Mostly during the Silver Age of Comic Books, Jimmy would find himself temporarily transformed, for better or worse, or undergo a disguise for various purposes. The variety of transformations Jimmy received during the Silver Age is often homaged or parodied in later comics and adaptations featuring the character – for instance, in JLA: The Nail, Jimmy cites three of these transformations as his motivations behind backing Luthor's bill to outlaw metahumans and in Countdown, Jimmy is used as a spirit container for the deceased New Gods, causing him to exhibit strange powers, albeit uncontrollably, with other stories simply making passing references.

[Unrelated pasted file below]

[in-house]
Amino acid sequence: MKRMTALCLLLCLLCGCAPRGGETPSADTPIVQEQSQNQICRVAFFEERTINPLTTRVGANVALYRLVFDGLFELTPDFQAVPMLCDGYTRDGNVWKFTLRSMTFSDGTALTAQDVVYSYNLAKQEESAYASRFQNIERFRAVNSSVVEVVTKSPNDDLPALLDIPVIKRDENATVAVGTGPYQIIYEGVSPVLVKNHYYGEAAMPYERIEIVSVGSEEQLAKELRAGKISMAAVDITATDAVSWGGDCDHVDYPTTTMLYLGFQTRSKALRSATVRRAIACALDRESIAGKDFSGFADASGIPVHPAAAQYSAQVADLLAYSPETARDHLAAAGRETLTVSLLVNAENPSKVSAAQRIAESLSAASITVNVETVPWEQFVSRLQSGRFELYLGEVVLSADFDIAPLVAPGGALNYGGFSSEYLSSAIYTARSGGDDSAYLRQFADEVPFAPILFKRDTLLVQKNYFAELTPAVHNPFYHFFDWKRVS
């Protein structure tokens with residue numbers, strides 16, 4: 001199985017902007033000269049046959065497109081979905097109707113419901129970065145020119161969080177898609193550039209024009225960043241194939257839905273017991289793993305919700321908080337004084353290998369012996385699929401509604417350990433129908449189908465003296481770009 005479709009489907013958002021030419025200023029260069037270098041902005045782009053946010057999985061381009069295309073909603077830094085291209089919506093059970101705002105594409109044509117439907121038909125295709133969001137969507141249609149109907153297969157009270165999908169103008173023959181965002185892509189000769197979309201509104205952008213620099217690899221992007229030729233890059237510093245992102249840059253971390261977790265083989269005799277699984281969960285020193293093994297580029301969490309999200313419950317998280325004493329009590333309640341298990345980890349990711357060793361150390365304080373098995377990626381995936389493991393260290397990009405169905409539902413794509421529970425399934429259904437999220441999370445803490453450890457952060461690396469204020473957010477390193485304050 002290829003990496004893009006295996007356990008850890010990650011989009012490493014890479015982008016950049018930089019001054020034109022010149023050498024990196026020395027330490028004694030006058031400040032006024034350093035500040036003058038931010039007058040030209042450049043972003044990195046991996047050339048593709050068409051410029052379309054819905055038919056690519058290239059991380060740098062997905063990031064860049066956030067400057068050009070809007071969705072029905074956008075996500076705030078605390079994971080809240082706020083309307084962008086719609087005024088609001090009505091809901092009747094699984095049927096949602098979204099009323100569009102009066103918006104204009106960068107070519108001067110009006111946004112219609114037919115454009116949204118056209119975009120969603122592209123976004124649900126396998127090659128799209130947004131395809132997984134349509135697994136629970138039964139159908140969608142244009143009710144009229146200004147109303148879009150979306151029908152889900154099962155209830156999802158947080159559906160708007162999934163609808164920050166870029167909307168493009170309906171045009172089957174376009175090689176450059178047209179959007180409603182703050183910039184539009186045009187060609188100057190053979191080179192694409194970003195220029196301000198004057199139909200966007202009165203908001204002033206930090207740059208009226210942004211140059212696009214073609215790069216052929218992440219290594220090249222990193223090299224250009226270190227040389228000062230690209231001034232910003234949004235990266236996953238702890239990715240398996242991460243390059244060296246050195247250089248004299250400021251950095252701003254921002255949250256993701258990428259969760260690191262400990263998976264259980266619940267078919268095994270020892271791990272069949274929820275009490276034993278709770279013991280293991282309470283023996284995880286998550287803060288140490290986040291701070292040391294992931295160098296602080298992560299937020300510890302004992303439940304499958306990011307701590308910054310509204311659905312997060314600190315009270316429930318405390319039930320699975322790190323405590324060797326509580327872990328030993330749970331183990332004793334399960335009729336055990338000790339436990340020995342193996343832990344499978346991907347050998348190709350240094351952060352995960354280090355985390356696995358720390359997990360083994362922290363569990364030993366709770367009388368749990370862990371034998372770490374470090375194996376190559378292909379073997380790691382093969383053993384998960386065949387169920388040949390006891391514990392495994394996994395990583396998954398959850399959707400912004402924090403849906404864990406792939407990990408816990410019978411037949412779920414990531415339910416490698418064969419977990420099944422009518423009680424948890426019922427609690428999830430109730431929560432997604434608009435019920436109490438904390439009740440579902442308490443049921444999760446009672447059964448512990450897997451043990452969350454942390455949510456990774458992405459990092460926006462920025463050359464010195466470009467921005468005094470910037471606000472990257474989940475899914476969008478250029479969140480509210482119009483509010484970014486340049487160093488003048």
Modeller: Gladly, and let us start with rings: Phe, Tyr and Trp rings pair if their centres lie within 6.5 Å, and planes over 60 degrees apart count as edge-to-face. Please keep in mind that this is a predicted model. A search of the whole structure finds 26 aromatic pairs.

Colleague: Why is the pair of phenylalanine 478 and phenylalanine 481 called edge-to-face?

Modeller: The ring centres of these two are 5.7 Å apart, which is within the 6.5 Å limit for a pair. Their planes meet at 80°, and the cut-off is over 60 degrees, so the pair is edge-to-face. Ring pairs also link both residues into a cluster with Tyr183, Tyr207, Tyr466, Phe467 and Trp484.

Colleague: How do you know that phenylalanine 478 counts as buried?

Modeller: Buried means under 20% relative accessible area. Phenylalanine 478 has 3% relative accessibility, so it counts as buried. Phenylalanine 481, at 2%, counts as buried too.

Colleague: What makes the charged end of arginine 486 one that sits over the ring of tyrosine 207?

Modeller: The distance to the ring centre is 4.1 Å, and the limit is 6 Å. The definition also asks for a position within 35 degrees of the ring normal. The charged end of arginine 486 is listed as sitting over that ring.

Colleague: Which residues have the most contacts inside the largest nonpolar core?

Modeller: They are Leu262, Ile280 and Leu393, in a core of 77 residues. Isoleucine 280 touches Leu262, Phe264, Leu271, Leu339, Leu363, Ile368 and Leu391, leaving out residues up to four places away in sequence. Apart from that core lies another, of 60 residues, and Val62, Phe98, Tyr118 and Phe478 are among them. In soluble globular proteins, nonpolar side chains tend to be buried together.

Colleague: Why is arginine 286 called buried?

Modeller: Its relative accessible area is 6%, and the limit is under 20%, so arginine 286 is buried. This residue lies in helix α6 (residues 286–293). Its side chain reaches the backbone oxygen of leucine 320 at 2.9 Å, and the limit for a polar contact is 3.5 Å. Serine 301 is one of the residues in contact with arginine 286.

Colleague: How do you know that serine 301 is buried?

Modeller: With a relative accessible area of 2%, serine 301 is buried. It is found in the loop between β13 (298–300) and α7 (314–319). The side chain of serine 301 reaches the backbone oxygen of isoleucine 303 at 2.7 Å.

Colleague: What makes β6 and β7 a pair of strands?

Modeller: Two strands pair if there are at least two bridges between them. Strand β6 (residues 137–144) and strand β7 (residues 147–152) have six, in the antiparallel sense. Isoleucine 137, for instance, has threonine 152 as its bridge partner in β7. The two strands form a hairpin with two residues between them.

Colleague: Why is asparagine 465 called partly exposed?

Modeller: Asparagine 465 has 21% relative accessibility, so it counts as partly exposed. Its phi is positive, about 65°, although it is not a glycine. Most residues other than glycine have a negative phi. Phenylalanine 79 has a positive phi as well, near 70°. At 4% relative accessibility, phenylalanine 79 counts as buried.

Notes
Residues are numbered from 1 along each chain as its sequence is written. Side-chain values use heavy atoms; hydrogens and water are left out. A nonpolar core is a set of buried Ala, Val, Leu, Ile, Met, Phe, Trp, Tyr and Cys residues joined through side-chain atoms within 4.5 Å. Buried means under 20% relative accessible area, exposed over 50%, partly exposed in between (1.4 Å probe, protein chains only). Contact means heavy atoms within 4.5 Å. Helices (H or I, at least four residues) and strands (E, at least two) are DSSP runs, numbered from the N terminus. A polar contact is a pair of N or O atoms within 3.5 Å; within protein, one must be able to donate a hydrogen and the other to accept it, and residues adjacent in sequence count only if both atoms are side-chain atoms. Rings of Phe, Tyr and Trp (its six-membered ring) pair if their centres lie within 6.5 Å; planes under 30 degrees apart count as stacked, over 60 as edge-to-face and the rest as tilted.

• Speed Demon – In 1956, a month before the debut of Barry Allen as the new Flash, Jimmy drank a potion produced by a Professor Claude and briefly gained super-speed.[49]
  • Radioactive – After being exposed to a radioactive substance, Jimmy began to irradiate everything in his presence.[50]
  • Super-Brain – Jimmy briefly evolved into a "man of the future" with superhuman mental powers.[51]
  • Monstrous beard growth — The machinations of the sinister Beard Band cause Jimmy to grow an immense beard.[52]
  • Gorilla – When Jimmy switched minds with a gorilla, he went about his reporting duties as a gorilla in Jimmy's clothes.[53]
  • Elastic Lad – As Elastic Lad, Jimmy by serum or by alien virus could sometimes stretch himself, akin to the Elongated Man or Plastic Man.[54] As Elastic Lad, Jimmy was inducted as an Honorary Member of the Legion of Super-Heroes.[55] In the Post-Crisis on Infinite Earths continuity, Jimmy was afflicted with uncontrollable and painful elasticity by the Eradicator.[56] It had to be genetically edited out.